If we get this far, we are already making great progress, for this is introducing what will be very likely to be perceived as just another meditation technique, but one that is crucially different from the usual techniques that come from Eastern non-Christian religions and philosophies. This is not a process of no-thought, or even one of indifference to thought; rather, it is one that recognizes a distinction between good and bad thoughts. This is opening the door in their hearts to the recognition of objective truth and leading them away from the relativism that New Age movements encourage. Even if there is no discussion beyond this as to what the good is, or no explicit introduction of the Christian message, it is still good; it is sowing mustard seeds that might germinate and grow into trees of faith in time.

A mustard tree
Furthermore, the recognition of this internal dialogue is consistent with the person who is not just aware, but aware that he is aware. The faculty of this self-observation is the spirit of man, as it is understood in Christian anthropology. So when we explain to the person why it works, we can start to talk of a Christian and scriptural anthropology of body, soul, and spirit.

Where it goes from there will depend on the situation. But I could envisage, for example, a situation in which the sports psychologist or coach could go on to introduce discerningly and by degrees a steadily deeper description of the authentic spiritual life. We might gradually introduce the idea, for example, that this is not exclusively a conversation within ourselves; some of those thoughts, especially the good ones, are the result of openness to inspiration from beyond. As they are spiritual in nature, the source, it might be argued, is a spiritual being that is good and divine. If the research referred to is correct, the seeds of such ideas are likely to be occurring to them intuitively already.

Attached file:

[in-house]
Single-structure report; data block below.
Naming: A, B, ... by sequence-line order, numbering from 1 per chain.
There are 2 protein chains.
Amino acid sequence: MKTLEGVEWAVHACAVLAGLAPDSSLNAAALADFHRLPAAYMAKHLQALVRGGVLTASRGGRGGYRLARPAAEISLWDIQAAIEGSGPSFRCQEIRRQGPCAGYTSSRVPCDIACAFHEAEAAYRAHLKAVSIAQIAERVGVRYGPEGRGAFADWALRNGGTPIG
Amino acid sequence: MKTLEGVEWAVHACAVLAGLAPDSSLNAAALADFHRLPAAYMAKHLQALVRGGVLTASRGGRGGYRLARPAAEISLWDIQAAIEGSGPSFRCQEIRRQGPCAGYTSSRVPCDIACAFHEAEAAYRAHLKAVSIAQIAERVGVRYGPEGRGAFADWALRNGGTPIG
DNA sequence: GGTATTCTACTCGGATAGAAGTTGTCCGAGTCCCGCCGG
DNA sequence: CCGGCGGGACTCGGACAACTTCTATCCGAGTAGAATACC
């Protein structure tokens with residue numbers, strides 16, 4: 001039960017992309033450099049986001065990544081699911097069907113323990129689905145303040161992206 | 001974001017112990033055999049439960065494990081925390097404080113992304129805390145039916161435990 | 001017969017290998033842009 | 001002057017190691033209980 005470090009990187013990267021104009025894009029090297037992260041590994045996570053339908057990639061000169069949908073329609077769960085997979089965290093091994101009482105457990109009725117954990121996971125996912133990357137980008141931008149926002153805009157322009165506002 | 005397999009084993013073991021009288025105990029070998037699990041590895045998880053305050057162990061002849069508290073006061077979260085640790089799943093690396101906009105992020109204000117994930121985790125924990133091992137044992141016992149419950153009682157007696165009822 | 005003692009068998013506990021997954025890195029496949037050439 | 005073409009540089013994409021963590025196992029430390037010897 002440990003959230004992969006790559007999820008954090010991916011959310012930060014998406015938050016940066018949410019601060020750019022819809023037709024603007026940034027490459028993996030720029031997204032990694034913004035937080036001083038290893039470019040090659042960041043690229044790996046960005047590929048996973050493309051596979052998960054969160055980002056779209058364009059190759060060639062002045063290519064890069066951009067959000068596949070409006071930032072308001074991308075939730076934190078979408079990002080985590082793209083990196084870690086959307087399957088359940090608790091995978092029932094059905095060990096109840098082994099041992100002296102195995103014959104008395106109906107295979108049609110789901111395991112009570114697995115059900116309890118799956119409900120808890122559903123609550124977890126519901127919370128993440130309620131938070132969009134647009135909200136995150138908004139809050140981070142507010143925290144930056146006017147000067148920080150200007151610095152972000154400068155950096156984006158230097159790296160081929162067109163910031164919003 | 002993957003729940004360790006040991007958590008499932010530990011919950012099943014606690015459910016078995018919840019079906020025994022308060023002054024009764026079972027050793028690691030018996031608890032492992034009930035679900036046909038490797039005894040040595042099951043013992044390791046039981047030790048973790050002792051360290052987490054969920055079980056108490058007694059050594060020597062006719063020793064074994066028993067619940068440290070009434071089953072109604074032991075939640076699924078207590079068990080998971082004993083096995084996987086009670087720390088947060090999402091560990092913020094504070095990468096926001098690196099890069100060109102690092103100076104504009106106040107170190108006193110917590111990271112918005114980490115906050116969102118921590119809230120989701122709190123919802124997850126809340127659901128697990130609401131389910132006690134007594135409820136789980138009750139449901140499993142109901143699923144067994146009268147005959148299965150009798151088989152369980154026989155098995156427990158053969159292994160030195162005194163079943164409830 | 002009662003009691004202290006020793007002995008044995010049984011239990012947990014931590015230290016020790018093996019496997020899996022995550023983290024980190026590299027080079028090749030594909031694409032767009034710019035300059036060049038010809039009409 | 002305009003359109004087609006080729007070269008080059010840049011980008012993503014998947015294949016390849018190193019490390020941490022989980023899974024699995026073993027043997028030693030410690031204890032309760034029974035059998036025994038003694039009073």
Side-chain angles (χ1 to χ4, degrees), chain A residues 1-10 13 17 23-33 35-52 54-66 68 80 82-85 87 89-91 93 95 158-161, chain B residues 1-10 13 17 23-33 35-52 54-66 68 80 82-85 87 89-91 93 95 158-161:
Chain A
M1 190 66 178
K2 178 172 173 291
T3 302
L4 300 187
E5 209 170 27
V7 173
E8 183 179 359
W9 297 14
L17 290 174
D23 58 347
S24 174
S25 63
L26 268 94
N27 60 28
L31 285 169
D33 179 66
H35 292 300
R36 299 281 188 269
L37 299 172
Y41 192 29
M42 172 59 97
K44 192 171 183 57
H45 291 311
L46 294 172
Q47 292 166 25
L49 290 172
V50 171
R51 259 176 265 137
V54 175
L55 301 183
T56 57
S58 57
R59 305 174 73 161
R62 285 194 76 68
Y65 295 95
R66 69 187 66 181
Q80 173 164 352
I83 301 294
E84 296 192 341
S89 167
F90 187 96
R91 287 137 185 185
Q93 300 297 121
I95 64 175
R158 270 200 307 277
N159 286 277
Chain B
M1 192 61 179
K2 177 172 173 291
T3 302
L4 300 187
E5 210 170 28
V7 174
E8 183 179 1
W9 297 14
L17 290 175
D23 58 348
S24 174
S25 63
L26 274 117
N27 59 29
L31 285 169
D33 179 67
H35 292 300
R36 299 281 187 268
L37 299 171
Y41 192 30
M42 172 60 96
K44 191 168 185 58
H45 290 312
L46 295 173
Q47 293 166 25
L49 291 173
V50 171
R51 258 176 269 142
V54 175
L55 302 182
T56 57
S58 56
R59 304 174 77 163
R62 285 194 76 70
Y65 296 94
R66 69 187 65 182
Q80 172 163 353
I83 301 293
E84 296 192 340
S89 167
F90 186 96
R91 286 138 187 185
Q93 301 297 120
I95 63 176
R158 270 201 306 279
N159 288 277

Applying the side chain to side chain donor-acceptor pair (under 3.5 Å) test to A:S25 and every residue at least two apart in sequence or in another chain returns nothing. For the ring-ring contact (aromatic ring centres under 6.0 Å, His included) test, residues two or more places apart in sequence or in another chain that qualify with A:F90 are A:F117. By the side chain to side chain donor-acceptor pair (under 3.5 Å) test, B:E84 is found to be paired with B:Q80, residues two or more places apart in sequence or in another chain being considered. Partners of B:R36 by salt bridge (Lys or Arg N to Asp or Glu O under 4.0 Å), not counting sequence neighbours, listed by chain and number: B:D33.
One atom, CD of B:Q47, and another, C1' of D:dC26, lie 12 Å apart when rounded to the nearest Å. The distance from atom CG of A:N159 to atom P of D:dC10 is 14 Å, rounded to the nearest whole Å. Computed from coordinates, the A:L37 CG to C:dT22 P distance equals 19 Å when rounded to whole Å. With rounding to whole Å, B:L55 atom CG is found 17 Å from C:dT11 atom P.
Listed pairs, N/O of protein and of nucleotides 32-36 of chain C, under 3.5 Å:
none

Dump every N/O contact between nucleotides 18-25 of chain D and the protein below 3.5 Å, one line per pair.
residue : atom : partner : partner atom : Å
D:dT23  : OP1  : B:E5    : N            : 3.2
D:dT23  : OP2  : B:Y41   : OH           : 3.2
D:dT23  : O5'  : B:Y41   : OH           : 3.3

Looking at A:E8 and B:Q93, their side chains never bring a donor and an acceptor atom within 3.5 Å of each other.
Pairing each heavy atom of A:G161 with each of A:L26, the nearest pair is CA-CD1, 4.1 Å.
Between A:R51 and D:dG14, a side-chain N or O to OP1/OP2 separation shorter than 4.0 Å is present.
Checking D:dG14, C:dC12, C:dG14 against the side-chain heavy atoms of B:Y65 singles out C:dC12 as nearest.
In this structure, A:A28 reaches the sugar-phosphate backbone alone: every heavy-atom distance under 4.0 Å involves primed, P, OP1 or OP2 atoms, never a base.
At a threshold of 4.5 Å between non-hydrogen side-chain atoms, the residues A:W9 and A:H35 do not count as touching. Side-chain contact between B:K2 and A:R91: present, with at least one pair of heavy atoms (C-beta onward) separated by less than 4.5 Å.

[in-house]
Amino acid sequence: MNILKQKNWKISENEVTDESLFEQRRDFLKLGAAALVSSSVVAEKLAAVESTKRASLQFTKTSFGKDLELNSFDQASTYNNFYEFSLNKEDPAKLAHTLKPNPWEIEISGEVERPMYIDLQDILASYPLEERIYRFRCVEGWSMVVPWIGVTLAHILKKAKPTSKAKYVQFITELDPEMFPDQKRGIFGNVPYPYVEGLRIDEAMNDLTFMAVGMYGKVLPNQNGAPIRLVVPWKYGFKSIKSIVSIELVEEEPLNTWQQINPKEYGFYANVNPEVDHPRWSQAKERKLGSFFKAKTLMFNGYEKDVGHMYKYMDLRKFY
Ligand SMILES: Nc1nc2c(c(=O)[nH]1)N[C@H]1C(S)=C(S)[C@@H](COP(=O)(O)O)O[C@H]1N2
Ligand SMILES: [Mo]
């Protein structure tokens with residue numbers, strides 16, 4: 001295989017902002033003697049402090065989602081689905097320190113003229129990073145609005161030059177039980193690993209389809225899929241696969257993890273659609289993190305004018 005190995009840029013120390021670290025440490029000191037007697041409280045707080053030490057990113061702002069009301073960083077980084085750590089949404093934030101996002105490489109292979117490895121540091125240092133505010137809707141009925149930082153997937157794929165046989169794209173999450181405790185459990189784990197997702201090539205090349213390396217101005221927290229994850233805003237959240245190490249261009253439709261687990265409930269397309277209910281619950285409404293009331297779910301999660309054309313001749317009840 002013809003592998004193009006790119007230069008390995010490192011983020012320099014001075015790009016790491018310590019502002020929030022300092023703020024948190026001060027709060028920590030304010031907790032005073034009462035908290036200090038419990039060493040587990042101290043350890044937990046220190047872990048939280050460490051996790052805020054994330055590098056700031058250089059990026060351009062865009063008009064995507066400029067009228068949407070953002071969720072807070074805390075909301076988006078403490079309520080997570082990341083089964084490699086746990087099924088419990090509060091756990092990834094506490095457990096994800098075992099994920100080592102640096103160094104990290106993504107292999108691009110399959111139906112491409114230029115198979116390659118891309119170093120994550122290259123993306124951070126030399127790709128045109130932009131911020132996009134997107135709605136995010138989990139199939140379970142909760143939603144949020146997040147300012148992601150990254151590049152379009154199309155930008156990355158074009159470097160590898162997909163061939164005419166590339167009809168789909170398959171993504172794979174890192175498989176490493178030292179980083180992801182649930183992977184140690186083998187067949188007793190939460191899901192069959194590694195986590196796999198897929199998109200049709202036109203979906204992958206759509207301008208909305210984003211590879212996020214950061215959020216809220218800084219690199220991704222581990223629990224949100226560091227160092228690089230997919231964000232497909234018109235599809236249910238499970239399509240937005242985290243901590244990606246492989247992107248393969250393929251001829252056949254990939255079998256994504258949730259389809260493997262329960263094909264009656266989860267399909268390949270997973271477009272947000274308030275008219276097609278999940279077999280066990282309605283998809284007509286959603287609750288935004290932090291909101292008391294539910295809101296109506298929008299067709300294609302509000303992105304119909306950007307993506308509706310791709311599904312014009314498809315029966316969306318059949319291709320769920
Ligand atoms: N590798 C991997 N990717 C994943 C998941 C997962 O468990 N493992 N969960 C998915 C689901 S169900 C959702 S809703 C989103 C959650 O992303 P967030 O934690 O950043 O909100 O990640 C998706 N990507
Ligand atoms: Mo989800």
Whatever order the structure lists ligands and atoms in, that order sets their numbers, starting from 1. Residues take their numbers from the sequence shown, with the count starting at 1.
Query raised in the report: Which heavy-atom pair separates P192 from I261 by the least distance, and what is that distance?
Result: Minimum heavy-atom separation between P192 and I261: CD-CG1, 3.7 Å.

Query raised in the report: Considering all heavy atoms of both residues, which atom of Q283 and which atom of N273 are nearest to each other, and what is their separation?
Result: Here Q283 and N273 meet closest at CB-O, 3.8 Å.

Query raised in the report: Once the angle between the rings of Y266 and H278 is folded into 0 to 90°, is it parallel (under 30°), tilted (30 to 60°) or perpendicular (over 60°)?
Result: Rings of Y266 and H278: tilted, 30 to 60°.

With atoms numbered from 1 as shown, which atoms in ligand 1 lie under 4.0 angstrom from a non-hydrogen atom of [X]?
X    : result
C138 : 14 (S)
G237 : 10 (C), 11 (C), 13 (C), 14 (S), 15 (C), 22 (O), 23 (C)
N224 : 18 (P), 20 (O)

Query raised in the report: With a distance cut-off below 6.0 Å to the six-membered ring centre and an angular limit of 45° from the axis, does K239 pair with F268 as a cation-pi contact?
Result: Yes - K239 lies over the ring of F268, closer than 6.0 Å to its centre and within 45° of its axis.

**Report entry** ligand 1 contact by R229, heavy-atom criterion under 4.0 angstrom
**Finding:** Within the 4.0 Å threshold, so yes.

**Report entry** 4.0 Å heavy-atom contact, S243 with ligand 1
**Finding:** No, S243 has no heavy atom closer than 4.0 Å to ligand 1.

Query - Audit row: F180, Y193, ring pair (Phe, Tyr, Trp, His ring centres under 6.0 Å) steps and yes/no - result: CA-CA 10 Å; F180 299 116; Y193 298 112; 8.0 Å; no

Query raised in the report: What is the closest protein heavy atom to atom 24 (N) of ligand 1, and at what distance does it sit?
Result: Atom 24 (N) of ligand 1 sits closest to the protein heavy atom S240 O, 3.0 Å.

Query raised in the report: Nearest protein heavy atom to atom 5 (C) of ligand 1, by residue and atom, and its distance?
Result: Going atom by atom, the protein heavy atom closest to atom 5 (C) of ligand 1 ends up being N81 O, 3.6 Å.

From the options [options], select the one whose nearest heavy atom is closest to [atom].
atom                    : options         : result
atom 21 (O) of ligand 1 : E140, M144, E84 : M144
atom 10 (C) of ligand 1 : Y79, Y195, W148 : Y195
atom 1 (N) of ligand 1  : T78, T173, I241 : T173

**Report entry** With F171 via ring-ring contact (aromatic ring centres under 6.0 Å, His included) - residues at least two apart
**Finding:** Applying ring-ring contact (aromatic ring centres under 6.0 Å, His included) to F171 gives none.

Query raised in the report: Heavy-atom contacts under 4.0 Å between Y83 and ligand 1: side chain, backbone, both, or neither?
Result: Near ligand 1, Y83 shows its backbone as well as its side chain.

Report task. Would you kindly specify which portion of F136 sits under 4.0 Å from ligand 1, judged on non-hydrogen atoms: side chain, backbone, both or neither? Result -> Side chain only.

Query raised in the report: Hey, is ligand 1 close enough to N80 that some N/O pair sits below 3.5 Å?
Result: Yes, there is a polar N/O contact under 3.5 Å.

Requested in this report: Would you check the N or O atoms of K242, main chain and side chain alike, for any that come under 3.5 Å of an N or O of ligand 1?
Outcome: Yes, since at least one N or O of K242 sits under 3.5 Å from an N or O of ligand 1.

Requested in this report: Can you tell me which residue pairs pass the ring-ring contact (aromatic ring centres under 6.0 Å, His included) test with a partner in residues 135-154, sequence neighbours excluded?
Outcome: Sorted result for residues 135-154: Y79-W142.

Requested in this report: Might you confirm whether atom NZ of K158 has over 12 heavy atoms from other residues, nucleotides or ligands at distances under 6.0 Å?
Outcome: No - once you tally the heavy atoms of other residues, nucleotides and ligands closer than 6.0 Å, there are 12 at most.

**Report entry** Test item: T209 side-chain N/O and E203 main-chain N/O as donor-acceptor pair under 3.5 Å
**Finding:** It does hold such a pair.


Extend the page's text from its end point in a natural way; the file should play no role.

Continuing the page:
Going further, one can imagine that we could get to the point where we say that the most powerful encounter with that source of inspiration and which will encourage the most beneficial “self-talk” is the worship of that being, God, whereby the whole person - body, soul, and spirit - is engaged in the greatest conformity to an attitude of receptivity... “And would you like to come to Vespers with me this evening?”

What will make non-Christians take notice is a positive experience of this prayer. The reason that people immerse themselves in yoga is that they feel better for doing it, and they are curious as why. While wanting to do well at sport is not the noblest goal in life, it need not be a bad one, and it might be the first step that leads to the best end in life, God.

I see no reason why such techniques might not just aid in their physical performance but simultaneously lead to a greater and more general sense of well-being. It is this that will stimulate their yearning for something nobler also.

This is the pattern of my own story of conversion. As described in my book The Vision for You, I was offered a series of generic “spiritual” exercises in order to help me to be an artist. I had no interest in God whatsoever. Even as I noticed that these exercises were helping me in my goals, and began to see that some sort of Loving Power was in my life, I first thought of this newly found God as a means, not an end. This changed in time, however, as I started to desire more the happiness that it gave me. Ultimately, this led to my conversion and reception into the Catholic Church. However, while my reason for doing so might have changed over the 30 years since I started this journey, I have never stopped wanting to be an artist.

More recent articles:

For more articles, see the NLM archives: